The cross may be seen as a symbol that points to guilt, shame, or even suffering. In the time of Jesus, it was an instrument of death used to punish criminals.
To followers of Jesus, the cross is not just an emblem of suffering and shame but a symbol of hope and victory. It offers comfort for daily life on the Christian pathway. It provides solace in times of despair and fear and it’s a constant reminder that Jesus rose on the third day and gave us access to eternal life.
“Enter ye in at the strait gate: for wide is the gate, and broad is the way, that leadeth to destruction, and many there be which go in thereat:” (Matthew 7 verses 13)
If we desire the things of this world then we will be led down a path that will bring regret in the end. On the other hand, if our desire is to follow Christ and obey His precepts our path will take us to righteousness. “…he leadeth me in the paths of righteousness for his name’s sake.” Psalm 23:3
When we choose to follow Jesus, we can be more than confident that He will guide and direct us. Psalm 119:105 gives us the assurance that, “Thy word is a lamp unto my feet, and a light unto my path”.
This article will explore what it means to take up the cross and follow Jesus with a deep dive Bible commentary of Luke 9:23.
Who wrote Luke 9:23 and when was it written?
The authorship of the gospel of Luke has been widely debated. Some scholars are of the belief that it was written by Luke the physician who was a companion of the apostle Paul.
Other scholars propose that Luke wasn’t a companion of Paul. They support this view using arguments from the three New Testament citing of the name Luke stating that one such reference is in a book not written by Paul himself. To be on the safe side, others are of the view that the author is unknown.
It is widely believed that Luke was authored by the same individual who wrote Acts and that these texts were divided into two when the New Testaments was compiled. In light of the view that Luke and Acts of the Apostles is a single text they are referred to as Luke-Acts by many Bible scholars.
Due to the fact that Luke presents thorough details in regards to historic events and there is no mention of the destruction of Jerusalem many assumed that this gospel predates this event and was written about 63 AD.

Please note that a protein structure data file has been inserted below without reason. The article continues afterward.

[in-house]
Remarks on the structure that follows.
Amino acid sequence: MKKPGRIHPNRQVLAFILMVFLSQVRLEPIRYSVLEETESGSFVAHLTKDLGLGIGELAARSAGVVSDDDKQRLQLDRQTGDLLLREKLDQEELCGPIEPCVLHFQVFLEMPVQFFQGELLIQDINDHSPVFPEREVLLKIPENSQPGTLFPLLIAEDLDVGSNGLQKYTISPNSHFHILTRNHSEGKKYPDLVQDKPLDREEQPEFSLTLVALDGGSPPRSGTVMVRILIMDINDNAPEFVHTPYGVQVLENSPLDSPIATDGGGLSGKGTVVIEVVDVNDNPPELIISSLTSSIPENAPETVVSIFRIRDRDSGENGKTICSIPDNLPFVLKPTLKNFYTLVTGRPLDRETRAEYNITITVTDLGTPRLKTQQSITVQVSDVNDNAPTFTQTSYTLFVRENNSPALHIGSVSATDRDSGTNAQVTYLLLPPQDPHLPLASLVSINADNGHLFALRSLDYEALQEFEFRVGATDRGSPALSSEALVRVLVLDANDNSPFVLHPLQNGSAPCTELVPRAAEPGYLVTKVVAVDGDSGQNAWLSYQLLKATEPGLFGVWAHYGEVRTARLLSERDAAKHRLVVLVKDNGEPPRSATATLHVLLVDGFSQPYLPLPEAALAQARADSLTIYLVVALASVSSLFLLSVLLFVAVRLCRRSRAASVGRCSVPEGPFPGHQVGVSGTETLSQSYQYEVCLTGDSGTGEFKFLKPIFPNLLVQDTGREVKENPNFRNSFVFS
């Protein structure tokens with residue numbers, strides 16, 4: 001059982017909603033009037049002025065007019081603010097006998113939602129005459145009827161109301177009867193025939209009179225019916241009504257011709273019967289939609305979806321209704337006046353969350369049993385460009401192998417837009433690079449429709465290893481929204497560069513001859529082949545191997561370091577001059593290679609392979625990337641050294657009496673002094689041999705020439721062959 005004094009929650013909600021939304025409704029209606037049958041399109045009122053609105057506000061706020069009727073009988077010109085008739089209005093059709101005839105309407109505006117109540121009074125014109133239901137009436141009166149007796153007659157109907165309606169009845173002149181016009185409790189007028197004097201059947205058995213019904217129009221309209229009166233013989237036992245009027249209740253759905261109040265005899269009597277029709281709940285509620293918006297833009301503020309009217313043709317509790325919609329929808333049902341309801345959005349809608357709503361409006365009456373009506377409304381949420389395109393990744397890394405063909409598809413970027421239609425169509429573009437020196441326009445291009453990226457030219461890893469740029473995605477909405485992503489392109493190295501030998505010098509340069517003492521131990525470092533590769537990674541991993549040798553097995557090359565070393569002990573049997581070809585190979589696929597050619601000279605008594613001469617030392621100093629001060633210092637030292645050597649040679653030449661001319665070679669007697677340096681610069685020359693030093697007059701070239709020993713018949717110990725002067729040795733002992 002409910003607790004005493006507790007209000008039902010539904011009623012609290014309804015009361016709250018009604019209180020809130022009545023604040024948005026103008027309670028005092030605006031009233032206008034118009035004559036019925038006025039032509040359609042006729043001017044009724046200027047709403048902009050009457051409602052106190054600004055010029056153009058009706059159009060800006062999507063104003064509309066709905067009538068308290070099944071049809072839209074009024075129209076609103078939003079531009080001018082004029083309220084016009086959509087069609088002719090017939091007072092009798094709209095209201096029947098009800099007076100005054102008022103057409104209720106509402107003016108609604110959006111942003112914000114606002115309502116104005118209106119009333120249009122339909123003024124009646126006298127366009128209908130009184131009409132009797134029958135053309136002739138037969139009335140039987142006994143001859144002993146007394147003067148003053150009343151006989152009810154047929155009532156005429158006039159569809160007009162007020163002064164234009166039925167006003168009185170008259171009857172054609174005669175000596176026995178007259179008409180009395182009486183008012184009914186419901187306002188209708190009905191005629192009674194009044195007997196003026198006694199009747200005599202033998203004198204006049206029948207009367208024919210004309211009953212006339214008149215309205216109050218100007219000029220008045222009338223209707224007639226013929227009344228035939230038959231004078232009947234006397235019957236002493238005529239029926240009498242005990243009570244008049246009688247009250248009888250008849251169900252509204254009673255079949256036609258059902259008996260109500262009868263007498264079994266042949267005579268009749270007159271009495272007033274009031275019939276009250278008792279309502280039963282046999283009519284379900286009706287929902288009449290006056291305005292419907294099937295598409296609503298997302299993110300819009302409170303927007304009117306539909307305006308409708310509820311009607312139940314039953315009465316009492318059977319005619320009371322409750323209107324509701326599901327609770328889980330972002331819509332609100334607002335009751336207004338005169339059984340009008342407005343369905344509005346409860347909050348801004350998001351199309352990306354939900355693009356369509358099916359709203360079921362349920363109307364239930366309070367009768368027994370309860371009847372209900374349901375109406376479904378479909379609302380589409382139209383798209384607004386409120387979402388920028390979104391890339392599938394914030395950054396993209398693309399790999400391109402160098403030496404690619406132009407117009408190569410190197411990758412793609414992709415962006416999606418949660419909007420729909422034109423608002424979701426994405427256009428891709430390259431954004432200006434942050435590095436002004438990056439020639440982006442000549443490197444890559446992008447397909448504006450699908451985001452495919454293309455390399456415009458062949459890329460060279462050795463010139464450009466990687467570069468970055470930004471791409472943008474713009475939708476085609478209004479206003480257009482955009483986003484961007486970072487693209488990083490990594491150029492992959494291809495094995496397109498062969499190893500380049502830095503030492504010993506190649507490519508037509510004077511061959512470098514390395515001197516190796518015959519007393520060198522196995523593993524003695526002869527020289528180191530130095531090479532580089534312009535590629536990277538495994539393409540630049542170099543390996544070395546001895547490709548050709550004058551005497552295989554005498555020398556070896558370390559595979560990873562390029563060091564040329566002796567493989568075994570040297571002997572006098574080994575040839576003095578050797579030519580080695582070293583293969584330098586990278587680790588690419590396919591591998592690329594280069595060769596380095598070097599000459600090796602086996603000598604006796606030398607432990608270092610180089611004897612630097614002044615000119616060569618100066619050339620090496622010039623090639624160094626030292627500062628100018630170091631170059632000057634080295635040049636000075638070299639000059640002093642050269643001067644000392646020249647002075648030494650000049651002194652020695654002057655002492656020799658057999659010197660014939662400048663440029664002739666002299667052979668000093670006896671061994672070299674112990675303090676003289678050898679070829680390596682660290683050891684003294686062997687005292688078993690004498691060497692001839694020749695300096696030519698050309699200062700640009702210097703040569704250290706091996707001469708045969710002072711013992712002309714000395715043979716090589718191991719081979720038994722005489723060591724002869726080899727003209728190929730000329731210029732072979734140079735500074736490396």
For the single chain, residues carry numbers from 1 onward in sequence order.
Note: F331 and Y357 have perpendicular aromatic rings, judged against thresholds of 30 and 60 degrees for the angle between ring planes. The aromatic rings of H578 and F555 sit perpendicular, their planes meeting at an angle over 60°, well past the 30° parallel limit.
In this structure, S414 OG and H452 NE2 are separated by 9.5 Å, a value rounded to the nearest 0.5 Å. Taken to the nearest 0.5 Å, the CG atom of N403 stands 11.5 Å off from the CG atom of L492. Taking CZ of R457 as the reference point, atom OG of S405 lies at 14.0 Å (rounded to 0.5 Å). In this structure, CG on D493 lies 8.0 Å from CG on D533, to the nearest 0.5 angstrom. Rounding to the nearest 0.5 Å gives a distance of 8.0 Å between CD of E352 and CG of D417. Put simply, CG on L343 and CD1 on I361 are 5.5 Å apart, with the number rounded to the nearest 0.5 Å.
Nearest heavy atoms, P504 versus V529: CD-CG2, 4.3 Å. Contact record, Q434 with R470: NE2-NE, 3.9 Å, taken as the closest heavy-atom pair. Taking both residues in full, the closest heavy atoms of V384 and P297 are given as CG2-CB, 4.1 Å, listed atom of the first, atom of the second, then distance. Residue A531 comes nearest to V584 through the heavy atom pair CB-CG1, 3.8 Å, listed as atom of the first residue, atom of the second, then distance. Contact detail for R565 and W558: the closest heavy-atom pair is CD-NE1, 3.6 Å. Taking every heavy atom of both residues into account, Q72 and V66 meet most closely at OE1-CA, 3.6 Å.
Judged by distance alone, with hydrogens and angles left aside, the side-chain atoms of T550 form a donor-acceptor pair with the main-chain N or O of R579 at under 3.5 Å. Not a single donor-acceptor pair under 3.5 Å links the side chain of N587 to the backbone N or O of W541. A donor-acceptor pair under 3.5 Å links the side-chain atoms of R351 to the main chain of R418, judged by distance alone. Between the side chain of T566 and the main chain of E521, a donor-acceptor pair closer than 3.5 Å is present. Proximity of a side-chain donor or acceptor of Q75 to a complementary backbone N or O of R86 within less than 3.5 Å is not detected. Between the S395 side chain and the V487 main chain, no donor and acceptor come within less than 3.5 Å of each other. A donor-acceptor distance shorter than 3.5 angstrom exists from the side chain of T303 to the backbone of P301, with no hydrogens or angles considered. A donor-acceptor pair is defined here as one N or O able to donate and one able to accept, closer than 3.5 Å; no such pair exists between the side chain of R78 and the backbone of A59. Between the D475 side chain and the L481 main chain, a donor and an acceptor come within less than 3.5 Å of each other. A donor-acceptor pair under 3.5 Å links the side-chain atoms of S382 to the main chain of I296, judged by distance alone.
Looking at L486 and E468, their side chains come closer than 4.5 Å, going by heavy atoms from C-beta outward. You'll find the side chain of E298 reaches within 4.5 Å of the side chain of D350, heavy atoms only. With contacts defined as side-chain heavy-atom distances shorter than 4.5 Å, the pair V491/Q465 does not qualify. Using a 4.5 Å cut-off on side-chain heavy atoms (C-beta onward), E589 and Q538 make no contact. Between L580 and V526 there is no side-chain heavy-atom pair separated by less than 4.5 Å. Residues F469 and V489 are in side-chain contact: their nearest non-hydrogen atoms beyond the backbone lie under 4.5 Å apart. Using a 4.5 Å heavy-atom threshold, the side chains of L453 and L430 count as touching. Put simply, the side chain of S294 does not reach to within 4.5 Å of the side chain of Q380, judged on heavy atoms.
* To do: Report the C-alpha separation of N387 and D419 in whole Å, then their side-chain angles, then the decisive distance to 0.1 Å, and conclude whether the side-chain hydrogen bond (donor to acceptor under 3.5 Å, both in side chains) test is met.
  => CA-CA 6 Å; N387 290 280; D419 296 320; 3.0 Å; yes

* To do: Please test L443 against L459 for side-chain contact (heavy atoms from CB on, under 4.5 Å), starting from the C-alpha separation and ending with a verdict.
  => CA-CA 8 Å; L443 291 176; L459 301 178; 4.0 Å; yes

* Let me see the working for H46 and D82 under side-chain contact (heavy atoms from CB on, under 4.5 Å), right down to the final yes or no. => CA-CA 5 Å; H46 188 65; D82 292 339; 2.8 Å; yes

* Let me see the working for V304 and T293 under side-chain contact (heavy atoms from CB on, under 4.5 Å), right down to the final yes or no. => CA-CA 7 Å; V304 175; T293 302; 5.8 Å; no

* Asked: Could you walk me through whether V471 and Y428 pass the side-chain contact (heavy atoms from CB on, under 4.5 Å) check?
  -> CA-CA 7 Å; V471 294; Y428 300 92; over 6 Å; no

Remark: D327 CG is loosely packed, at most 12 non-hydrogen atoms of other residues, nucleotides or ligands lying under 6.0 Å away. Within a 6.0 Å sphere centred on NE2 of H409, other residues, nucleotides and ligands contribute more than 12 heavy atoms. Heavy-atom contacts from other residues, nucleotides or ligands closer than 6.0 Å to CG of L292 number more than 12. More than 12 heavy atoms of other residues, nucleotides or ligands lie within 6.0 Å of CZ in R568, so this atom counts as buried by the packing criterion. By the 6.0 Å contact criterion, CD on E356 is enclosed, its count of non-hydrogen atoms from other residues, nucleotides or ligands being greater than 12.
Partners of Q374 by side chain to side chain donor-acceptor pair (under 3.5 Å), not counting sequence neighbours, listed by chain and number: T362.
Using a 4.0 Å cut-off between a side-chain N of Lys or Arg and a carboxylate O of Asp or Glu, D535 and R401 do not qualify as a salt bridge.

What is the context of Luke 9?
The backdrop of Luke chapter nine is focused on discipleship, humility, knowing Christ Jesus on a personal level, facing rejection, and following the son of man wholeheartedly.
A close look at Luke chapter nine verses one to six will reveal the theme of discipleship. In verses one to three, Jesus called His twelve disciples together, gave them power, sent them out, and instructed that they should take nothing with them.
“And he sent them to preach the kingdom of God, and to heal the sick.” (Luke 9 verse 2)
Humility and simplicity are important components of Christian faith and Jesus used these two principles to help His disciples understand that it is important to rely on the Lord for all that they need. In verse three, He told the disciples to take nothing for their journey.
In verse thirteen He told them to feed a multitude knowing that they didn’t have sufficient provisions. In verse sixteen He proved that dependence on Him and faith in His provision is more than sufficient.
Verses eighteen to twenty highlights the importance of knowing Jesus on a personal level. Repeating what others think and say about Jesus is not enough. It is very important to have a personal experience with the Savior.
In Luke 9:20 Jesus asked the disciples who they think He was, “He said unto them, But whom say ye that I am? Peter answering said, The Christ of God”. If Peter did not have a personal relationship with Christ, he may have thought Jesus was Elias or one of the old prophets who had risen.